Tomic in it for the money and that’s our problem to deal with
Tomic can’t see the point any more of belting balls over yet another net. And this is a big scandal?
Seems so, given the fury after the 24- yearold explained why he played like a zombie in crashing out in Wimbledon’s first round.
“I felt a little bit bored out there, to be completely honest with you,” he confessed. In fact, he’d felt like that “many times”. “It’s tough to find motivation … I feel holding a trophy or doing well, it doesn’t satisfy me any more. I couldn’t care less if I make a fourthround US Open or I lose first round.”
Hey, that’s just how I felt yesterday with my own job. What’s the point of it all?
And that’s despite me doing something more purposeful than hitting stuff with a racquet.
But isn’t life an endless struggle to find something meaningful to do before it’s over? Aren’t even philosophers stumped for answers?
So it’s hardly strange if Tomic can’t figure it out either. Tomic is clearly burned out after becoming a professional player at just 16. He’s now asking a sane question after a decade in the sport — why tennis? Nor is he the only player to wonder. Nick Kyrgios said exactly the same at last year’s Shanghai Open, where he also tanked: “I was just a bit bored at times.”
And after the Japan Open Kyrgios tweeted: “Shanghai bound now and back to it all over again. No time to stop and savour anything.”
So Tomic seems a troubled man needing some deep and meaningfuls, yet he’s treated instead like a spoilsport or even a heretic who spat on the cross.
Former player Brad Gilbert told ESPN he was “absolutely disgusted” by Tomic’s remarks “at the cathedral of our sport — Wimbledon”.
Hmm. Seems Tomic offended players by questioning their own purpose in life.
Indeed, tennis great Martina Navratilova accused Tomic of trashing tennis: “It’s disrespectful to the history of the sport.”
Former Australian champion Rennae Stubbs claimed Tomic was even a disgrace to his country: “You’re an embarrassment to yourself and not only the sport, but Australian tennis. We have such a long, beautiful history at this event.”
But when did Tomic buy into our traditions or our nationalism? He’s the ultimate modern individualist, stripped of all that meaning, too.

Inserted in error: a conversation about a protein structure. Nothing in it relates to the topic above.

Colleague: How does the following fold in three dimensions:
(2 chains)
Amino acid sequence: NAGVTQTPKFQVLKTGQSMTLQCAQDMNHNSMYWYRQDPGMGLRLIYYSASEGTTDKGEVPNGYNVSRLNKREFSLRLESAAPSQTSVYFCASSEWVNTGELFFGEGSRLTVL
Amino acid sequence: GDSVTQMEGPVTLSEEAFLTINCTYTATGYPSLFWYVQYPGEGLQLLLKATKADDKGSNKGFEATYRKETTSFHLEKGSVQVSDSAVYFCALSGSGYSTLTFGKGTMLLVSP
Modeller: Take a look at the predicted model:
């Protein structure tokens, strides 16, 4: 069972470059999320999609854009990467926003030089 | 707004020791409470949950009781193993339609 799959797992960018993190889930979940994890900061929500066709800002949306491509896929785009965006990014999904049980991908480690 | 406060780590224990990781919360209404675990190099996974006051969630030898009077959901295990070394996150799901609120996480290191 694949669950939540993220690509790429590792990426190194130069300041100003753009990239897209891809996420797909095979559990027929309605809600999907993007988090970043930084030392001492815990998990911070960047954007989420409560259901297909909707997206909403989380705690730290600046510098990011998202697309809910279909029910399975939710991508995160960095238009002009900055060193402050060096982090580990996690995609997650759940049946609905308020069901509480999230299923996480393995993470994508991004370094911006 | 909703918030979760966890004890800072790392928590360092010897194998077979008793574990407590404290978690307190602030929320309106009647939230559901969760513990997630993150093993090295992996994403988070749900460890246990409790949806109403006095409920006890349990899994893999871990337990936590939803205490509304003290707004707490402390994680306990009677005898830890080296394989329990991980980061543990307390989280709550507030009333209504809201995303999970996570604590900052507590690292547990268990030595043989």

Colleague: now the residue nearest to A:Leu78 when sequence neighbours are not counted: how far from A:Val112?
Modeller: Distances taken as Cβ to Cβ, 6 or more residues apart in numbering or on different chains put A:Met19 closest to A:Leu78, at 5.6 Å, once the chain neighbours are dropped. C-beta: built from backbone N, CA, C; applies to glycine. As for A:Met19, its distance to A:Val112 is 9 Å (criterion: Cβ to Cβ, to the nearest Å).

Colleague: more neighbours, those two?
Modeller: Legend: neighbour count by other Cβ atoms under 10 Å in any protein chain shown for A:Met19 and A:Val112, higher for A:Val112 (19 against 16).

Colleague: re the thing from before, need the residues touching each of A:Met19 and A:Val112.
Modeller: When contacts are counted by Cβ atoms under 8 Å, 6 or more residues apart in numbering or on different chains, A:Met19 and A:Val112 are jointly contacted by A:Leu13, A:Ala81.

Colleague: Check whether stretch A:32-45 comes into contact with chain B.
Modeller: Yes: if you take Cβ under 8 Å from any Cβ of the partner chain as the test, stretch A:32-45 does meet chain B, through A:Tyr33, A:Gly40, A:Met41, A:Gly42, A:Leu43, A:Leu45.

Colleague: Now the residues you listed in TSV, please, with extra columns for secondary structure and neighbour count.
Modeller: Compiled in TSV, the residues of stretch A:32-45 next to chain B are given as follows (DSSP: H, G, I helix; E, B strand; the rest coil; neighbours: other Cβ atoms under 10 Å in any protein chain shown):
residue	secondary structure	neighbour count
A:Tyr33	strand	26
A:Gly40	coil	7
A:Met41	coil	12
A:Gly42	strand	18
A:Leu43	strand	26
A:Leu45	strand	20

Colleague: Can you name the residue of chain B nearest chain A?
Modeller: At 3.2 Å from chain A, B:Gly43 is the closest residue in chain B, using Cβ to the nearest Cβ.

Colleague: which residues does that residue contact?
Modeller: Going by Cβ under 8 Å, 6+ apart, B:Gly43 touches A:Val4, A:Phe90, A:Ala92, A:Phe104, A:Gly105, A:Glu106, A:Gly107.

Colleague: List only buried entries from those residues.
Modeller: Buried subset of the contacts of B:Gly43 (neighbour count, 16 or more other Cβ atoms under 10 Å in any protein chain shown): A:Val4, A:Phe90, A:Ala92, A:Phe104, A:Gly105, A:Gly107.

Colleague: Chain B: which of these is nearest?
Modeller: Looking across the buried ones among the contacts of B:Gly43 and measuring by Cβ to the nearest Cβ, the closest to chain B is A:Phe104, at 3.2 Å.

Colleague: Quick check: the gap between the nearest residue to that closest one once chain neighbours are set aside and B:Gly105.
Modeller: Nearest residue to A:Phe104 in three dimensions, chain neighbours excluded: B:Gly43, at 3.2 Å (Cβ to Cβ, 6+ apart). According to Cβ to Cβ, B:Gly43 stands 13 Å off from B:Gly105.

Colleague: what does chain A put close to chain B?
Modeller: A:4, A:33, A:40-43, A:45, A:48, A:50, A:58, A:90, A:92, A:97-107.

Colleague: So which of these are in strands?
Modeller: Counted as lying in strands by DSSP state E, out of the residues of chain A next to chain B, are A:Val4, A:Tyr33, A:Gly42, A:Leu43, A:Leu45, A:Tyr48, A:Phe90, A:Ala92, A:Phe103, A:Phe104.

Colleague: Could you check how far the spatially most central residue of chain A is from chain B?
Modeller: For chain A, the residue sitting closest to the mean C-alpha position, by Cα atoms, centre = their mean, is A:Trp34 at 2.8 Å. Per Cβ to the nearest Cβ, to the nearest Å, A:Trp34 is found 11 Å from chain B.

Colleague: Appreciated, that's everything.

Born in Germany to parents from Croatia and Bosnia, Tomic has said he can’t see the point of playing any more Davis Cup for Australia: “I played so much Davis Cup in my life that it’s just something that I’m not motivated for.”
Sure, tennis fans would feel robbed. Tomic isn’t giving the fun they’ve paid for.
But Tomic’s real sin here is in popping the fantasy of many spectators – that players play for their fans or country and not for themselves.
As if. And if this is about money, Tomic reckons he’s getting enough of even that.
Indeed, money seems all that’s left for him to play for, and is what motivated Tomic from the start. A family friend once told reporters Tomic set out with two aims — to be world number one and buy a Ferrari.
Well, he’s never going to make the top, but has at least now bought himself a Lamborghini — same thing — and said yesterday he’d have earned enough in just eight more years to quit.
“We all work for money… My main focus is to play as much as I can until ( I’m) 32, 33 and after that, you know, enjoy life,” he told Fox Sports.
How perfectly modern Tomic seems. Brutal, frank, mercenary, self- absorbed, seemingly unimaginative and deaf to any romantic or moral cause worth playing for — not his country, not his sport, not glory and not even his pride.
Well, not quite. Did you see Tomic pretend during his disastrous game to have something wrong with his back, rather than his head?
He even called for treatment during the second set, to suggest he had a physical excuse for playing so badly.
In that moment he showed embarrassment. So there’s still a faint pulse of pride left in Tomic — a flicker of a desire to show he’s capable of so much more. To show his special talent.
Build on that, and Tomic may again find a reason to play well. Or to do something grander than smacking a ball for cash.